I've been roughly following the instructions given by John Jeavons in his How to Grow More... book. Instead of making my own seed sprouting mix, or using my own, rather poor, soil, I bit the bullet and bought potting mix from the garden centre.

Step one is to fill your seedling flat with soil and lay out your seeds, then water etc and generally look after them (sorry, this is not a step by step how to sprout seedlings - but there are lots of those on the internet :)

My cool innovation was to use discarded dresser drawers as my seed-sprouting containers. These are small enough for me to lift easily, and hold a sensible amount of seed for our small vege patch (while still allowing me to give excess away to friends). I drilled drainage holes in the bottom, but otherwise use them unmodified.

They are not painted in any way, or I'd be a bit cautious about lead paint.

The reason this has worked so much better than any other attempt I've made to grow from seed is that I've got them set up right outside my back door. So any time I exit the house I can see my little plants and give them a water and some TLC if they look like they need it. This is good. As a result we've already feasted off lettuce this year and this week I've got cabbage, turnip, kale, kohl-rabi and red cabbage to transplant into little re-used yoghurt pottles to get bigger and tougher before putting them in the garden.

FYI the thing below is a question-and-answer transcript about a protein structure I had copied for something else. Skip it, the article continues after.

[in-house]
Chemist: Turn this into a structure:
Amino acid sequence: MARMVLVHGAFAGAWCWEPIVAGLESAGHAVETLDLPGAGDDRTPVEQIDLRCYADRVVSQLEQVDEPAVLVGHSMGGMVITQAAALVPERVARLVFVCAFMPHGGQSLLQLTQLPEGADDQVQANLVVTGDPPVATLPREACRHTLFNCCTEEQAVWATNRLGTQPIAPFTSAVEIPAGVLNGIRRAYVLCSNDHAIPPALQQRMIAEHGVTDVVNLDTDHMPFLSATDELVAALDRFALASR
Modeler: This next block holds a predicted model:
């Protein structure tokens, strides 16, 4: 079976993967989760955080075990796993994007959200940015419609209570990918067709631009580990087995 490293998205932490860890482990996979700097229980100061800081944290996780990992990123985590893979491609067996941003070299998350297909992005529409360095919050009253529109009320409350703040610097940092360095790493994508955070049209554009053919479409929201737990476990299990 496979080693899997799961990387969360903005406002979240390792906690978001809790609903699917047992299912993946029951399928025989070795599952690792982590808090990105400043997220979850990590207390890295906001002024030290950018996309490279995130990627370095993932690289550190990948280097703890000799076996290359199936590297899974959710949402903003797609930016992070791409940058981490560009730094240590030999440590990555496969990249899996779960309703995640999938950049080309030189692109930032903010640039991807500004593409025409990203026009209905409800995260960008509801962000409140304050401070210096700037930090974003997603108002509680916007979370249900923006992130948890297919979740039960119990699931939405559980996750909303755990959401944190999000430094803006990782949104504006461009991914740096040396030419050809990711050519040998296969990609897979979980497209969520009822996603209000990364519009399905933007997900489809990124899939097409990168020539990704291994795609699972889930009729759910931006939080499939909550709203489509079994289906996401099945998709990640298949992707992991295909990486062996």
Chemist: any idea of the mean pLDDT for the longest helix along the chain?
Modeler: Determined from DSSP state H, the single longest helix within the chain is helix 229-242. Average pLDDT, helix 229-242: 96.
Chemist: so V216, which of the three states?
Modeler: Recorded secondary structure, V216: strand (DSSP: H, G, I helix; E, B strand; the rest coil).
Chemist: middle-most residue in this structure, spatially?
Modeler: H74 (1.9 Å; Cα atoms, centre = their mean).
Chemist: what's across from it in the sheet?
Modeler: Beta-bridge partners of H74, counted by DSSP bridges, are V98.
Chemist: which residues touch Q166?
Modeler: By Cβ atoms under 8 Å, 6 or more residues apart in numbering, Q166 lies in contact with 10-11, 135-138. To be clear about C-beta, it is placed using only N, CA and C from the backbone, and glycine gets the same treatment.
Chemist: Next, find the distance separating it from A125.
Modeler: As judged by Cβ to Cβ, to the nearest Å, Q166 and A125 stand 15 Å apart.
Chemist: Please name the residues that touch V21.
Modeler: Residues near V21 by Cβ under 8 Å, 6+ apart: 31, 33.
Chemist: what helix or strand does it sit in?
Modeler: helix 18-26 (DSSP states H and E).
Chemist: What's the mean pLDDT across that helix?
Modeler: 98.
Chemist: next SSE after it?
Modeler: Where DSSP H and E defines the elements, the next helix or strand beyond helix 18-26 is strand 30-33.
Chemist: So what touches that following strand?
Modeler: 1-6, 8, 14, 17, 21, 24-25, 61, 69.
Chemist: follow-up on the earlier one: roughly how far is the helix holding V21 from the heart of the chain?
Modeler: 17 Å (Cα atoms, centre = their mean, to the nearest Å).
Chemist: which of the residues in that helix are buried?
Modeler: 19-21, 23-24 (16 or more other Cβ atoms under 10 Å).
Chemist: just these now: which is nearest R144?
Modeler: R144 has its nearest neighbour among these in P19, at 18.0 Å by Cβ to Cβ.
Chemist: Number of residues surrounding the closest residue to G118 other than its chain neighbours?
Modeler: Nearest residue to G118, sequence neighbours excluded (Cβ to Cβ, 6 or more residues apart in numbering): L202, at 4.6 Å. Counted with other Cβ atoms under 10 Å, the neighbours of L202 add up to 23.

So there you go. Works for me. All pretty exciting stuff :)

Sorry, it's too dark for photos just now but I'll take some tomorrow and update during the week.

Feb 7, 2009

Science on the Brain

Science on the Brain is a site we've spent a bit of time at lately. Miss4 loves watching the videos, and although we've never actually gone ahead with any of his suggested further experiments, I've filed them away in my head for future reference.

Marshall Brain is also the creator of the How Stuff Works website, a father of four, and an enthusiast for how technology works and what science can mean in every day life. Science on the Brain is a collection of short videos (about 5 minutes) aimed at primary school kids, giving demonstrations of scientific principles and offering suggestions for further exploration.

Topics include measurement (your own height, lung capacity, jump height etc), insulation, why you need salt to make ice cream, what yeast eats, how far is a lightyear and a bunch of other stuff.

Highly recommended.